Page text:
Answer: When it’s a snail! Yes, there are snails that secrete and live in white calcareous tubes that look very similar to those of serpulid polychaete worms. Here, see for yourself:
The worms secrete calcareous tubes that snake over whatever surface they’re attached to. When the worm is relaxed, it extends its delicate pinnate feeding tentacles and uses them to capture small particles to eat; they are what we call suspension feeders.
But there are gastropods that secrete calcareous tubes, too. They are the vermetid snails, the local species of which is Thylacodes squamigerus. This is one of my favorite animals in the low intertidal, probably because it is so delightfully un-snail-like.
There are three individuals of T. squamigerus in this photo:
Thylacodes is also a suspension feeder, but it gathers food in a very different way. When submerged, it spins out some sticky mucus threads that catch suspended particles, then reels in the threads and eats them.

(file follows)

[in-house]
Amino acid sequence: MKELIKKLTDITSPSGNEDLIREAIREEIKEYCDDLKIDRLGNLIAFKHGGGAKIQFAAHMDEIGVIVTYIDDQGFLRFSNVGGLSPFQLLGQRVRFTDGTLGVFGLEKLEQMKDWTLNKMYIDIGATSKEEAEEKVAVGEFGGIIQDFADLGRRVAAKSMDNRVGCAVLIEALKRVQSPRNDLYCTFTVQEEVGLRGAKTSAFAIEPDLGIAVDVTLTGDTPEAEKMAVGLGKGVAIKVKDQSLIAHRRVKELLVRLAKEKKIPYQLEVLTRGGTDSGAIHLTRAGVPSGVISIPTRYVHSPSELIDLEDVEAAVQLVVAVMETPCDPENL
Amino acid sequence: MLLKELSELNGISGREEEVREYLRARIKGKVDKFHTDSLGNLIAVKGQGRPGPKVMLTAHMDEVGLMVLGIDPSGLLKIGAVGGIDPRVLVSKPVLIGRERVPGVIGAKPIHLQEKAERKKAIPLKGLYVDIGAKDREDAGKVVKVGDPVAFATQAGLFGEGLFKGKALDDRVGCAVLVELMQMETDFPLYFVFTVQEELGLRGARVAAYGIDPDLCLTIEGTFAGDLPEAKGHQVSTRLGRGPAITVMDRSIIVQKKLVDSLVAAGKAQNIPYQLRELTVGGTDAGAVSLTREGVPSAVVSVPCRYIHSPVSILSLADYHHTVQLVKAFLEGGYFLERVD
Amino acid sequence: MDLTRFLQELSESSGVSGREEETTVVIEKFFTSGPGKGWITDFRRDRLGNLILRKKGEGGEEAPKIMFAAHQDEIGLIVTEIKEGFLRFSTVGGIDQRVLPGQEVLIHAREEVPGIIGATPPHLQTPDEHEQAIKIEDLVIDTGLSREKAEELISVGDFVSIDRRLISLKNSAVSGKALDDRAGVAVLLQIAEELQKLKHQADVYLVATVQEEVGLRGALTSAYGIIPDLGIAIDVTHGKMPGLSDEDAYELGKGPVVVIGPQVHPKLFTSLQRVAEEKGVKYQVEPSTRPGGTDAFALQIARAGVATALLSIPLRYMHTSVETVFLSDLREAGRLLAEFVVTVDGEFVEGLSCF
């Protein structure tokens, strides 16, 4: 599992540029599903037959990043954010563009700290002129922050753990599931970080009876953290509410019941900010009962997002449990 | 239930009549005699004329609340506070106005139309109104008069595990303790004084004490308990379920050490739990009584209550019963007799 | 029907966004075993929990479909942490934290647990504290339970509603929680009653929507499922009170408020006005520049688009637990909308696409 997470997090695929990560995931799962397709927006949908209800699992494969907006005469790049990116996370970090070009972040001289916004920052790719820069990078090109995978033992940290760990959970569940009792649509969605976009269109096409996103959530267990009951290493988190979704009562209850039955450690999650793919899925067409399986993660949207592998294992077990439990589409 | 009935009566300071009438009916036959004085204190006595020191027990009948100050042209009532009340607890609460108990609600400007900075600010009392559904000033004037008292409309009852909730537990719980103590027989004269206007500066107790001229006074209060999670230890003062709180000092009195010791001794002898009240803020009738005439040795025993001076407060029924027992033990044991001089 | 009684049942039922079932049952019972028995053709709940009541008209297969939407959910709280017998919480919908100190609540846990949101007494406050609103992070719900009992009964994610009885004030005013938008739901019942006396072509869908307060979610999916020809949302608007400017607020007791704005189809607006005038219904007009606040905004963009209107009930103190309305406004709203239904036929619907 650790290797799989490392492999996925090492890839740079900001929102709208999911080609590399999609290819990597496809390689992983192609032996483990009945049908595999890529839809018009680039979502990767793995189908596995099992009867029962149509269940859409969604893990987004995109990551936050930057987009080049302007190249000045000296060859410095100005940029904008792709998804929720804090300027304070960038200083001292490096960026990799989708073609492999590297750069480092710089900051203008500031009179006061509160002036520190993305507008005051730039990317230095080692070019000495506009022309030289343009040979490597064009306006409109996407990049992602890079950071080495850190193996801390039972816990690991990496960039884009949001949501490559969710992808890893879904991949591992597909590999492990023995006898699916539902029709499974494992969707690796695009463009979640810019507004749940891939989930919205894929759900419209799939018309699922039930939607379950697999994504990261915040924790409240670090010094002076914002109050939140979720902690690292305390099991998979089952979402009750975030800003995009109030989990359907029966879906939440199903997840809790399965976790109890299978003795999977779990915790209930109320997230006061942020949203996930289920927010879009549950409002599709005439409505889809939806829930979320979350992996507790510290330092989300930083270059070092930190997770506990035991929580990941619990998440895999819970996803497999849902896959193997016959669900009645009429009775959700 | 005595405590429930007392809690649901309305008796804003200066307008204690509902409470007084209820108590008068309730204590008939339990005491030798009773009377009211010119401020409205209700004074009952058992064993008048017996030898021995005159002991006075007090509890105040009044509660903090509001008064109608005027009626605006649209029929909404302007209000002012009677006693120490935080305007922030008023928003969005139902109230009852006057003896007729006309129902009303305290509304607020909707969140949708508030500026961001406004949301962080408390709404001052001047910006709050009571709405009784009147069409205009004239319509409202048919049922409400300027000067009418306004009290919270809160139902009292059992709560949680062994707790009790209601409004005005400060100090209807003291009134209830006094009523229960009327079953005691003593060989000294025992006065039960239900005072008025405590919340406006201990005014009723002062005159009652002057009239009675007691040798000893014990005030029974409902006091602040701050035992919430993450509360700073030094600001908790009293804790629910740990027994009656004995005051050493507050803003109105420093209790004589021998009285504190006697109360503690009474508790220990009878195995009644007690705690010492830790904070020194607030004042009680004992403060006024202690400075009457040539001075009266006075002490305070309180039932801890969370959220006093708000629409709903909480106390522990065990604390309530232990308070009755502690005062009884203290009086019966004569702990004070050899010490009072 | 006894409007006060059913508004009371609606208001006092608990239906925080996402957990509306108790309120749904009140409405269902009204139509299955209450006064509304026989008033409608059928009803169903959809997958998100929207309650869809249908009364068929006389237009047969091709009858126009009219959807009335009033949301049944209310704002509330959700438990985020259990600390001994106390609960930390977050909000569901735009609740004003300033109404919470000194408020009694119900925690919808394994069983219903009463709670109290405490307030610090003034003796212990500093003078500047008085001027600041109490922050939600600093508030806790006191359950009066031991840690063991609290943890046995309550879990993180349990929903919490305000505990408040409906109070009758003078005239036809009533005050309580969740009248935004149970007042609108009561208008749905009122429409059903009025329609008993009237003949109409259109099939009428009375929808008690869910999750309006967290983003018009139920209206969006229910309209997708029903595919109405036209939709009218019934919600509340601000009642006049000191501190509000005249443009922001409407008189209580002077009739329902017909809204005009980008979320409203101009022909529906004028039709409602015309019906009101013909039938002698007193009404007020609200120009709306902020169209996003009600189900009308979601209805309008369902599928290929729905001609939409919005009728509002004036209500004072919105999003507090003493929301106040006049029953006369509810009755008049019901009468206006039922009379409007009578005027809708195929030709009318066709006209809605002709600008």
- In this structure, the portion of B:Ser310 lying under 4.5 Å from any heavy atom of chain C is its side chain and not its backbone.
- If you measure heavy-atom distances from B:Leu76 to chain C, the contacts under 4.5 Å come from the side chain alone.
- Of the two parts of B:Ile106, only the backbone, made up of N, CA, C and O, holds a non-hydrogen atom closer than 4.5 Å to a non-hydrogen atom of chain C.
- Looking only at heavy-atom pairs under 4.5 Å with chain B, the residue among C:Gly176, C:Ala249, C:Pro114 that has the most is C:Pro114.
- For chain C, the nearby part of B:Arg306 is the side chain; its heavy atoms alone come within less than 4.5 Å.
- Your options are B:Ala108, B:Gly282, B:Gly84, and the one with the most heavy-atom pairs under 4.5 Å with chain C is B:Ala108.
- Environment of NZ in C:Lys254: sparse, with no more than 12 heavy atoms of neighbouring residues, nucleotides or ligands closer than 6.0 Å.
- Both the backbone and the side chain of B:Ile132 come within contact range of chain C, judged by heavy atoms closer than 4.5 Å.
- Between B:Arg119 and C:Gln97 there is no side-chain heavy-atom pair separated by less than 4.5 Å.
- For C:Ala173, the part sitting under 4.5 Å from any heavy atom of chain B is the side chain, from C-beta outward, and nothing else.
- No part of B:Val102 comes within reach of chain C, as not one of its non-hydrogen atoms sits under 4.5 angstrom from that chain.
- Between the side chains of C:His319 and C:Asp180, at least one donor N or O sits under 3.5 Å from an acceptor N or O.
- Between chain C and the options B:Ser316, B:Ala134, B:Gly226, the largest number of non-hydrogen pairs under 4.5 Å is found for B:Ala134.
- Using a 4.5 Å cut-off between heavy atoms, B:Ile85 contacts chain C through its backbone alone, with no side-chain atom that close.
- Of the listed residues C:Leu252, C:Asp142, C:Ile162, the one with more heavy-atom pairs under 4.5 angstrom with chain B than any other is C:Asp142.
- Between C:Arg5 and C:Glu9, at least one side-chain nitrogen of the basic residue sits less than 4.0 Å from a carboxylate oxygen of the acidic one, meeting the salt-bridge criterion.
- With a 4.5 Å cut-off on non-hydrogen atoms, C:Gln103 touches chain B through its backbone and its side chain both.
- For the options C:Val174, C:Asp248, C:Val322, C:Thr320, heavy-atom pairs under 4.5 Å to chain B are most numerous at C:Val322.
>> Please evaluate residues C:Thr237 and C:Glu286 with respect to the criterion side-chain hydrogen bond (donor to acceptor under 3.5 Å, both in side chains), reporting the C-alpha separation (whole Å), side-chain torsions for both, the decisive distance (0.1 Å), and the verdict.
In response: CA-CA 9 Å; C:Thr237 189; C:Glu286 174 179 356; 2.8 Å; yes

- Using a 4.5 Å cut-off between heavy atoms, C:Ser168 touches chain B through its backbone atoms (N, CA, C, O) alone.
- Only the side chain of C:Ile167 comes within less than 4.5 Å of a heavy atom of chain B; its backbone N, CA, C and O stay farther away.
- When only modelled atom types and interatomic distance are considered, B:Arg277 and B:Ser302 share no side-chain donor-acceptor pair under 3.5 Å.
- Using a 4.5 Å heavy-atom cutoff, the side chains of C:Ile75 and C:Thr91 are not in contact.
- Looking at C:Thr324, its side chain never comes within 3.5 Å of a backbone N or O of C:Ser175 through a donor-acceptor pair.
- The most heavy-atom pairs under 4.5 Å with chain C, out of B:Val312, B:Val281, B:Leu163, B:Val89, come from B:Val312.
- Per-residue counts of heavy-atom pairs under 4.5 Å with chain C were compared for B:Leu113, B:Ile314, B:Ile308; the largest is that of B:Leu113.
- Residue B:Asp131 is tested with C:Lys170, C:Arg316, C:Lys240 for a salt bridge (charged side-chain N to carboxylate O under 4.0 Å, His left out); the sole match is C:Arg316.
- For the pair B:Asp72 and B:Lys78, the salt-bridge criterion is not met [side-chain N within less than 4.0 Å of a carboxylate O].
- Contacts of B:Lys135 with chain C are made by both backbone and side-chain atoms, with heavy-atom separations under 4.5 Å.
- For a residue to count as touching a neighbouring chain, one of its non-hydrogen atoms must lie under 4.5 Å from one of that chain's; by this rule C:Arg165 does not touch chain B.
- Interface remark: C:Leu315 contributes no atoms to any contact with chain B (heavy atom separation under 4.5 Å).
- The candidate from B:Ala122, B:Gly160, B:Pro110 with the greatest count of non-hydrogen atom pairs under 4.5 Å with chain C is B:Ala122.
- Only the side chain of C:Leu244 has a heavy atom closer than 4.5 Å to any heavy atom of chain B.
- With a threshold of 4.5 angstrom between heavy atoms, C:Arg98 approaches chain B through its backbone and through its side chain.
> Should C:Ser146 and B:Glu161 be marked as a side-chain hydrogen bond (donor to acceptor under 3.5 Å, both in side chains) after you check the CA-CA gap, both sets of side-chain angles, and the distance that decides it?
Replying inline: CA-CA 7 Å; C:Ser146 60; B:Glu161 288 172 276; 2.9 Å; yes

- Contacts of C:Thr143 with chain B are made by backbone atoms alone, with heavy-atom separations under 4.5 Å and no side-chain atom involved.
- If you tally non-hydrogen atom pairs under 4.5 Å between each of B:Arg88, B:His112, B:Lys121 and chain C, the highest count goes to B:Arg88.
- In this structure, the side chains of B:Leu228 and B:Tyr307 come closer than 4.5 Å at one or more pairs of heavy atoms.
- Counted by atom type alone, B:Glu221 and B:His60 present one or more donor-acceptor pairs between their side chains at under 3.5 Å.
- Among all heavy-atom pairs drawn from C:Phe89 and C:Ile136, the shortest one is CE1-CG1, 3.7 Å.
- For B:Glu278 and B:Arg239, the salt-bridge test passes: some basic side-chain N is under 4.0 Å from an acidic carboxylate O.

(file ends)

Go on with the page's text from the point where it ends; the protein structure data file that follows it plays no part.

So how would you tell these animals apart if you see them? Here’s a hint: Look at the tubes themselves.
I invite you to use the comments section to tell me how you’d distinguish between Serpula and Thylacodes.
4 thoughts on “When is a tube worm not a tube worm?”
Okay, I’m going to give this a go. The shells of the Serpulorbis look to be tightly or loosely spiraled much like a regular snail’s shell. While the shell of the Serpula look like they are more randomly created. Am wondering if “orbis” means or is referring to an orbit or spiral?
Despite appearances to the contrary, Serpulorbis is still a snail, and its tube does retain some of the spiralling that characterizes gastropod shells. And “orbis” is indeed derived from “orb,” which of course is a sphere.
You’re right on, Pamela!
There’s one more feature that you can use to distinguish between these animals, even if you can’t see anything sticking out of the opening.
Yes, Serpulorbis is a great name, but no more for this species: Now Thylacodes squamigerus (Carpenter, 1857)
Huh. Damn taxonomists.